5th February 2013 New Delhi, India

Great chemistry between UK and India!

A former SIN Team member, Rajesh Parishwad, left to work for the Royal Society of Chemistry a couple of years ago. But we don’t like to lose touch with old friends and with Rajesh this isn’t difficult to achieve: he still sits in our office in Bangalore! Anyway, we asked Rajesh to bring you some news from his side of the desk…

Last week I was in Delhi for the signing of an MoU between the Council of Scientific and Industrial Research (CSIR) and the Royal Society of Chemistry (RSC).  Our journey to CSIR HQ looked like it may be disrupted by Beating the Retreat (a colourful march past by presidential guards and music performed by defence bands – it is also marks end of Republic Day Celebrations) at Vijay Chowk. But some forward planning allowed us to skirt round the celebrations and reach our destination in good time.

Indian Science Minister Jaipal Reddy, RSC Immediate Past President David Phillips and Professor Samir Brahmachari, Director General, CSIR at the signing ceremony in New Delhi.
Indian Science Minister Jaipal Reddy, RSC Immediate Past President David Phillips and Professor Samir Brahmachari, Director General, CSIR at the signing ceremony in New Delhi.

In a similar vein, the partnership between CSIR and the RSC was developed quickly thanks to good interactions and speedy decisions. It was only October last year when the RSC had a meeting with the Open Source Drug Discovery (OSDD), an initiative of the CSIR. It was immediately clear there was a great connection and huge potential for joint collaborations.

The agreement was signed by RSC Immediate Past President David Phillips and OSDD Project Director Zakir Thomas in the presence of Indian Science Minister, Jaipal Reddy, Professor Samir Brahmachari, the Head of CSIR and the driver behind OSDD, Head of the UK Science and Innovation Network, Mark Sinclair, and the new Secretary to the Indian Department of Biotechnology Vijay Raghavan.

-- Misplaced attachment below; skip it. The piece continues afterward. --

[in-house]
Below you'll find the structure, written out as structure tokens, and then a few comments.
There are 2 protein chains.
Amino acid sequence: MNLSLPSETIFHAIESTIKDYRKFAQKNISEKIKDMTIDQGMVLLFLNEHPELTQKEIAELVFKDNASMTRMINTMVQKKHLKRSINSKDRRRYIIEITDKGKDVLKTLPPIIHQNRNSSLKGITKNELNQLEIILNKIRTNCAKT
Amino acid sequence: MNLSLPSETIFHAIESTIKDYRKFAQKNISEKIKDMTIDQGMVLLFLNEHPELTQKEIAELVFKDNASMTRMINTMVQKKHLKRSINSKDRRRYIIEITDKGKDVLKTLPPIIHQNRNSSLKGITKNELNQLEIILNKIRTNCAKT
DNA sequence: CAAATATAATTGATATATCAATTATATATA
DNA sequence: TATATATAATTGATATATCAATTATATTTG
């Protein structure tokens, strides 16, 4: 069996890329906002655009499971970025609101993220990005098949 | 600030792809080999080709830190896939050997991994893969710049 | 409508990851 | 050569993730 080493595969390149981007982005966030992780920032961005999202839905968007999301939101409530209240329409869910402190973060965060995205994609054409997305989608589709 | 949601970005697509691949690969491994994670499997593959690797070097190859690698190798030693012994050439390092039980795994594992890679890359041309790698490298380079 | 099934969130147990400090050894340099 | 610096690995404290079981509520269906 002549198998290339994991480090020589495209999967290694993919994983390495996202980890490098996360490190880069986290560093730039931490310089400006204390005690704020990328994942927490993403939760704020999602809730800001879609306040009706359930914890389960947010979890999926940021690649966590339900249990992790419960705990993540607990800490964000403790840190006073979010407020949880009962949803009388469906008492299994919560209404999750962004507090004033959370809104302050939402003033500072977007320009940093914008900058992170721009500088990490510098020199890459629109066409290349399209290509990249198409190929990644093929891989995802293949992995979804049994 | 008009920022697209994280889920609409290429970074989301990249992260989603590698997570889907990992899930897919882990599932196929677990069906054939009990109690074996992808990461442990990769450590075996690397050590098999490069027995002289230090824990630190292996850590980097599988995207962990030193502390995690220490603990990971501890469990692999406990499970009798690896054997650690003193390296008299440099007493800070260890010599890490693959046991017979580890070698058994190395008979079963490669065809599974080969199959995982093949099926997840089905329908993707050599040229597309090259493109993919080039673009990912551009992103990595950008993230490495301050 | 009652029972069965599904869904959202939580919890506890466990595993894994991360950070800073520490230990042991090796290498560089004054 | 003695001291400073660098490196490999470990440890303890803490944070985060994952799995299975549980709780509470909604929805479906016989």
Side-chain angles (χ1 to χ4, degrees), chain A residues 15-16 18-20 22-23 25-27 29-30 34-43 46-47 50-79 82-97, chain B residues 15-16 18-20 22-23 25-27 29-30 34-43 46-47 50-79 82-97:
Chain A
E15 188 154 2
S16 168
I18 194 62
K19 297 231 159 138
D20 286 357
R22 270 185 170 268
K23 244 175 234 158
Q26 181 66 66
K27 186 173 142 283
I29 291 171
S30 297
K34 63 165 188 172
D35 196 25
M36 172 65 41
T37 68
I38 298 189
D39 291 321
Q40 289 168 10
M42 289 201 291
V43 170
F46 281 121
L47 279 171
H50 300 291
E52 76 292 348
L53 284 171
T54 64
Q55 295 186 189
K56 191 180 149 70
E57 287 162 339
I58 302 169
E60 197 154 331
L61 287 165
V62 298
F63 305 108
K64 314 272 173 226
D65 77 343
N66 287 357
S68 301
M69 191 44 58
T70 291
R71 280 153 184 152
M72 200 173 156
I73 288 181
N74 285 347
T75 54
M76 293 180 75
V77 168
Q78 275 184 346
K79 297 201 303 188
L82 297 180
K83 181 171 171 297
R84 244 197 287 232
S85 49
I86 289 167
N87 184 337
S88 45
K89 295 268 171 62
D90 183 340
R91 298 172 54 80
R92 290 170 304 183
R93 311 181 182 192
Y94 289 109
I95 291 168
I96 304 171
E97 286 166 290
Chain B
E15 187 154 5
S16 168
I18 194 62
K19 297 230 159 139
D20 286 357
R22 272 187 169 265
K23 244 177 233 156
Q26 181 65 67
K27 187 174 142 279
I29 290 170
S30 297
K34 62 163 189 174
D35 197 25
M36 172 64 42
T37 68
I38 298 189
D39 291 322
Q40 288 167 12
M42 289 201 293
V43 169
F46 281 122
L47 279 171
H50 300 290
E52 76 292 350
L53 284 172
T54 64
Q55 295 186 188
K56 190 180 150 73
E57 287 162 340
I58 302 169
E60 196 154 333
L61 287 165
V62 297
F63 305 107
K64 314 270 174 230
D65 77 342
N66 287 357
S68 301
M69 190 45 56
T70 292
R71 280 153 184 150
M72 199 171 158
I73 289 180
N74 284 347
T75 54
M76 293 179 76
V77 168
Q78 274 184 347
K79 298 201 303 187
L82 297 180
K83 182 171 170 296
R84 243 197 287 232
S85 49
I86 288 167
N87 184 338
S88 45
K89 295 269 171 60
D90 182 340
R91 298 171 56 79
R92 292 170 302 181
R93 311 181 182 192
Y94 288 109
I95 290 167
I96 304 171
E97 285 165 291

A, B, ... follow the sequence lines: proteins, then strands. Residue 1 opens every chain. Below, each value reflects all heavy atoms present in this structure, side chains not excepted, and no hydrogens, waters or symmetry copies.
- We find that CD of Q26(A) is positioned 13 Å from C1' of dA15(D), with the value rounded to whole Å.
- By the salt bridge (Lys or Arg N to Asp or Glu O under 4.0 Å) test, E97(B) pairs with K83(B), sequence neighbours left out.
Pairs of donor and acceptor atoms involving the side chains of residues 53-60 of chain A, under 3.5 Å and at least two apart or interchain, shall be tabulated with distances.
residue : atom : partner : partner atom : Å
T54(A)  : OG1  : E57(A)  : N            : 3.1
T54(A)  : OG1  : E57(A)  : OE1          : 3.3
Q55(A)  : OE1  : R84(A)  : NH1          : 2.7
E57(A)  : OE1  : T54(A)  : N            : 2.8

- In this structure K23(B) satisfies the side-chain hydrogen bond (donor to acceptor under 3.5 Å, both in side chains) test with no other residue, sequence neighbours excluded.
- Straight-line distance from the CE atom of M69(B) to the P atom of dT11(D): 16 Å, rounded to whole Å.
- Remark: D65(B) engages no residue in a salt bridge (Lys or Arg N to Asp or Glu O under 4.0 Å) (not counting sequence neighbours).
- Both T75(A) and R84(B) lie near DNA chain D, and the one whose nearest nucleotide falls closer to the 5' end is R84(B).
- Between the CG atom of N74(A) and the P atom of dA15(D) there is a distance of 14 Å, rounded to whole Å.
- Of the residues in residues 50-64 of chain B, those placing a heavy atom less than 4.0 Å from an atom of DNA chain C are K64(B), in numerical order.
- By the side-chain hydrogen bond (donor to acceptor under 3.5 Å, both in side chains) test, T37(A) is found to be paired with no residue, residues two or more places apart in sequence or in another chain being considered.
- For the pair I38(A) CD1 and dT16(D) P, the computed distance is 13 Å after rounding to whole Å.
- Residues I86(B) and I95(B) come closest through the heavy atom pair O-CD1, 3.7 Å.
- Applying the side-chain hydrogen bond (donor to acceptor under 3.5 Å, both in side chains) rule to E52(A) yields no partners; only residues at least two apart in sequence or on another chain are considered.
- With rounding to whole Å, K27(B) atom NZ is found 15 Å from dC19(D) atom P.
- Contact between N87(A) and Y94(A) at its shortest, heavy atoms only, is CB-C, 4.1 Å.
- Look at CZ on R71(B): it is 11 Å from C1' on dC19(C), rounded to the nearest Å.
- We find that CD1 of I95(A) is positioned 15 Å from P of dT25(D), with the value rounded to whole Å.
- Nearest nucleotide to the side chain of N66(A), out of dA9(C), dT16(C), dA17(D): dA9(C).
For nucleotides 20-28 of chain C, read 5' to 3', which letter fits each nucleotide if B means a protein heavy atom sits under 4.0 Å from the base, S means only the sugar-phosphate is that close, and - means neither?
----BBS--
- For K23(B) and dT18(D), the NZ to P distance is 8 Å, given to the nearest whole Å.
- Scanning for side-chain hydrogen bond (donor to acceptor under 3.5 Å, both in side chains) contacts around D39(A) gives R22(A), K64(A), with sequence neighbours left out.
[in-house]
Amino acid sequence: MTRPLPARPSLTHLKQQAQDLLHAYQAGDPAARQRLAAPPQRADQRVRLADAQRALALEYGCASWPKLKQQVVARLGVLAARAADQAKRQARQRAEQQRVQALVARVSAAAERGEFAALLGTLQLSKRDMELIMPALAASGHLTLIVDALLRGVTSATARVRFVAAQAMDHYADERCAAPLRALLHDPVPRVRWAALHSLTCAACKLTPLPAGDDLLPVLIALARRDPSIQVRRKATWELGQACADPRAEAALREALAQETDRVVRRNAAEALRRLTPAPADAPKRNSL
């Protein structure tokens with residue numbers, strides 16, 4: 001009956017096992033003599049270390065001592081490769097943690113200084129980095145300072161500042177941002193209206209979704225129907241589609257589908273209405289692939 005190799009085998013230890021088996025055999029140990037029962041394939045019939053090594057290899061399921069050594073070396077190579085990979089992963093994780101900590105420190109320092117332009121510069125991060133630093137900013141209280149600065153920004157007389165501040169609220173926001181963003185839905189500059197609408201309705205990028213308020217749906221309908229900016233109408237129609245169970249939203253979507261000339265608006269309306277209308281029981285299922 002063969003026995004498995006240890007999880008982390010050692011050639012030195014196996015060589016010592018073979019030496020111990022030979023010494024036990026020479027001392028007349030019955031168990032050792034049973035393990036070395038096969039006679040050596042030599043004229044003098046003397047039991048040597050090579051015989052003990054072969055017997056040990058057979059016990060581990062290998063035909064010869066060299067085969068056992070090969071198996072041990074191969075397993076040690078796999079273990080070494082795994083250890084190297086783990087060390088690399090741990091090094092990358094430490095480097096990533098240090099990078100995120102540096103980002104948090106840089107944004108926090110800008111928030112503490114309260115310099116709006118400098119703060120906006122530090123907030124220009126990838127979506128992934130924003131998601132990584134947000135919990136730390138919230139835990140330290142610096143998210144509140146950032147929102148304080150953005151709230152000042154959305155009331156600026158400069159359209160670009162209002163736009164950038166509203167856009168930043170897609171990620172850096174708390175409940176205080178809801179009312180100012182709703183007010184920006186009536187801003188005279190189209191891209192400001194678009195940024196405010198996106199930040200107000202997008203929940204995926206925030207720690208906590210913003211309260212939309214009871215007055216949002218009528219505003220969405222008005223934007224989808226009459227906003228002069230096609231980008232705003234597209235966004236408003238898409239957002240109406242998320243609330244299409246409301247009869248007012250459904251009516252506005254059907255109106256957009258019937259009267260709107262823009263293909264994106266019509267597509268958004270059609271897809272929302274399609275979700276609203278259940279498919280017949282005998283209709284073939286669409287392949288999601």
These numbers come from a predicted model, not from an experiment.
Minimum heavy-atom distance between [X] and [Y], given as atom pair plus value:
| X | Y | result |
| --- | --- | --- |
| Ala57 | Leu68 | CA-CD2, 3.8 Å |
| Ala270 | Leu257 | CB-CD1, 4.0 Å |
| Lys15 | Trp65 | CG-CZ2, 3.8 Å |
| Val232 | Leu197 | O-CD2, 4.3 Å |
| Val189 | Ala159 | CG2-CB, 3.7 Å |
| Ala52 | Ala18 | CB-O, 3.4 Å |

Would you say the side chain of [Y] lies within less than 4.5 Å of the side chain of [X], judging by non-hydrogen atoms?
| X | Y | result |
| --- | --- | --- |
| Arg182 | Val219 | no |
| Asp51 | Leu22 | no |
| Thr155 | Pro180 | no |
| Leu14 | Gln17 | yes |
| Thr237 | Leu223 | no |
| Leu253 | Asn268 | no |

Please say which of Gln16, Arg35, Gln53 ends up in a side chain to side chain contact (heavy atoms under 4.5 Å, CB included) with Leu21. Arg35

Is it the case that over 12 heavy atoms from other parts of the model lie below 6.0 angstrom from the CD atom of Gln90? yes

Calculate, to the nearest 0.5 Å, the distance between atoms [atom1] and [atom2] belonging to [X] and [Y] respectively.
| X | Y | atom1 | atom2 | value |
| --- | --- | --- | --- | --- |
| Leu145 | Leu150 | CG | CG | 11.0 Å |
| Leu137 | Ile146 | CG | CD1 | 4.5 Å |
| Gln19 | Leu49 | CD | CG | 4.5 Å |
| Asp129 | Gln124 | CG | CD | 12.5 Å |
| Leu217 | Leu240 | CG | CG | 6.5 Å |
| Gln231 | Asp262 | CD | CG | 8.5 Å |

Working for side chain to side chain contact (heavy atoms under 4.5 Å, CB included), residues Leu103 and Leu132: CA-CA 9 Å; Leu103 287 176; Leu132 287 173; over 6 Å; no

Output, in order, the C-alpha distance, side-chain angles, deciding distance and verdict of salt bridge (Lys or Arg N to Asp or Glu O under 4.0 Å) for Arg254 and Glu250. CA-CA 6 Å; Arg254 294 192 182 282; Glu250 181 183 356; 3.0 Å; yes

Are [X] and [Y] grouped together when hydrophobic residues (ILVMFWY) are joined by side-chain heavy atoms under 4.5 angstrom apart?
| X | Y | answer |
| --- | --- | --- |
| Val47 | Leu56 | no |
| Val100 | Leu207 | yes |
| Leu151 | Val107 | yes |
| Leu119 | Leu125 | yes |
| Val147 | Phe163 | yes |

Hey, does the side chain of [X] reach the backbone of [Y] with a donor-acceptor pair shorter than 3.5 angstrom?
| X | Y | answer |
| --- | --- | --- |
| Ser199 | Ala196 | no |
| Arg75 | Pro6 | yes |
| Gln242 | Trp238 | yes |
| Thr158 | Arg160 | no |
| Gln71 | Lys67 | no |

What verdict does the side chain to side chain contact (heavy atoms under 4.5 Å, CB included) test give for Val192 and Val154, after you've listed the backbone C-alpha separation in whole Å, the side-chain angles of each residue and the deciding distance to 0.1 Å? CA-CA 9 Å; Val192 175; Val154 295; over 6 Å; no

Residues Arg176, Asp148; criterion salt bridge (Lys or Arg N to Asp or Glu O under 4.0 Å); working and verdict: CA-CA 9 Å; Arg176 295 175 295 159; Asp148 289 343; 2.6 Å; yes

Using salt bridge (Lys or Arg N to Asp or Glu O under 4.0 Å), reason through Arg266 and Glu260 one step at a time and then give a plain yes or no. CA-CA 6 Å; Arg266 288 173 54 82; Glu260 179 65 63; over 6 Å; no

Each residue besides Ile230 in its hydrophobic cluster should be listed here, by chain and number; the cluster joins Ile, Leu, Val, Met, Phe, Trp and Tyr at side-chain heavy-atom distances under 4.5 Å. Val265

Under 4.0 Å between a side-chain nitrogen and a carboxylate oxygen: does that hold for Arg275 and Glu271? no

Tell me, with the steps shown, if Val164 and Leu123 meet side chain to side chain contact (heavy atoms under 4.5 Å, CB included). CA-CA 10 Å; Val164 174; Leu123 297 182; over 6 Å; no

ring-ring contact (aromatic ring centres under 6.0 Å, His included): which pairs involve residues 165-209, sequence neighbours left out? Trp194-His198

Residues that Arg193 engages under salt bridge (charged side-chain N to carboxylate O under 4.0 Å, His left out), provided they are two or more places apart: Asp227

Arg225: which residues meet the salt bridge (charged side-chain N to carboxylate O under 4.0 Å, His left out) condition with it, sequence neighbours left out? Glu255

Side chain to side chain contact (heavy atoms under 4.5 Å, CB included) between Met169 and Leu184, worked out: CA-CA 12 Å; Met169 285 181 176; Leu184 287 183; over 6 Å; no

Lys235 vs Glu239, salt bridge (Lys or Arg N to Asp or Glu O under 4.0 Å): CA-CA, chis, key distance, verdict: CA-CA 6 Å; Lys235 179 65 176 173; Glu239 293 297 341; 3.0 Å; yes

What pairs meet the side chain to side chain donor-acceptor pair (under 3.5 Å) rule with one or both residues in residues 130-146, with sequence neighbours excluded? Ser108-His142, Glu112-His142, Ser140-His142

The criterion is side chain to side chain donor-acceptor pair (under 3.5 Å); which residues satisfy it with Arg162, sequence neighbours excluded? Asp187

The CSIR and the RSC aim to build a community of researchers with the common aim of raising awareness of the importance of cheminformatics. The MoU, spanning three years, aims to address the objective of finding novel, faster-acting, and more effective regimens for TB and malaria by advancing the discipline of cheminformatics.

The collaboration envisions conducting workshops and conferences to build links between experts and leaders. It will focus on building an online repository of real and virtual molecular structures along with developing free-to -use software tools for drug discovery and development. It also aims at exploring the possibility of advancing OSDD’s e-learning program for students.

Through this agreement, the CSIR and RSC are responding to the challenge of ‘lost data’ – that is the 90% of research output that never gets published. Professor Phillips said “That data, that information, that knowledge, is lost to society. But it has enormous value to the chemical science research community and by using new tools and new disciplines, like cheminformatics or e-Science, we can recapture that lost information. The importance of cheminformatics in addressing this challenge cannot be underestimated.”

Delivering the scientific talk, Professor Brahmachari said that, since its inception, the OSDD had grown with great support within India and outside and the scope of the work has expanded tremendously. “What we cannot do alone, we with complementary skills, need to work together. Finding new drugs for TB is a major challenge. We are joining hands to find New Chemical Entities which could be potential anti-TB drugs.”

Last week, the RSC also held its 7th joint symposium with the Chemical Research Society of India at Banaras Hindu University in Varanasi. It attracted over 450 participants and the British Council and RSC supported 10 PhD research fellows to participate and deliver presentations.

And this week, we are touring with two dozen Indian speakers and a dozen international speakers including Professor George Whitesides (all of them scientific editors of RSC journals across India). We will hold scientific symposia at the Indian Association for Cultivation of Sciences in Kolkata on the 5th; at Indian Institute of Sciences in Bangalore on the 7th; and at the National Chemical Laboratory on 11th. We’ll be showcasing the best research in India and around the world.

There’s so much happening. And there’s even more to come. As we see an incredible and rapid expansion of chemical sciences in India, and we see the opportunity to build on many years’ work here, we’re looking to step it up a gear.

Rajesh Parishwad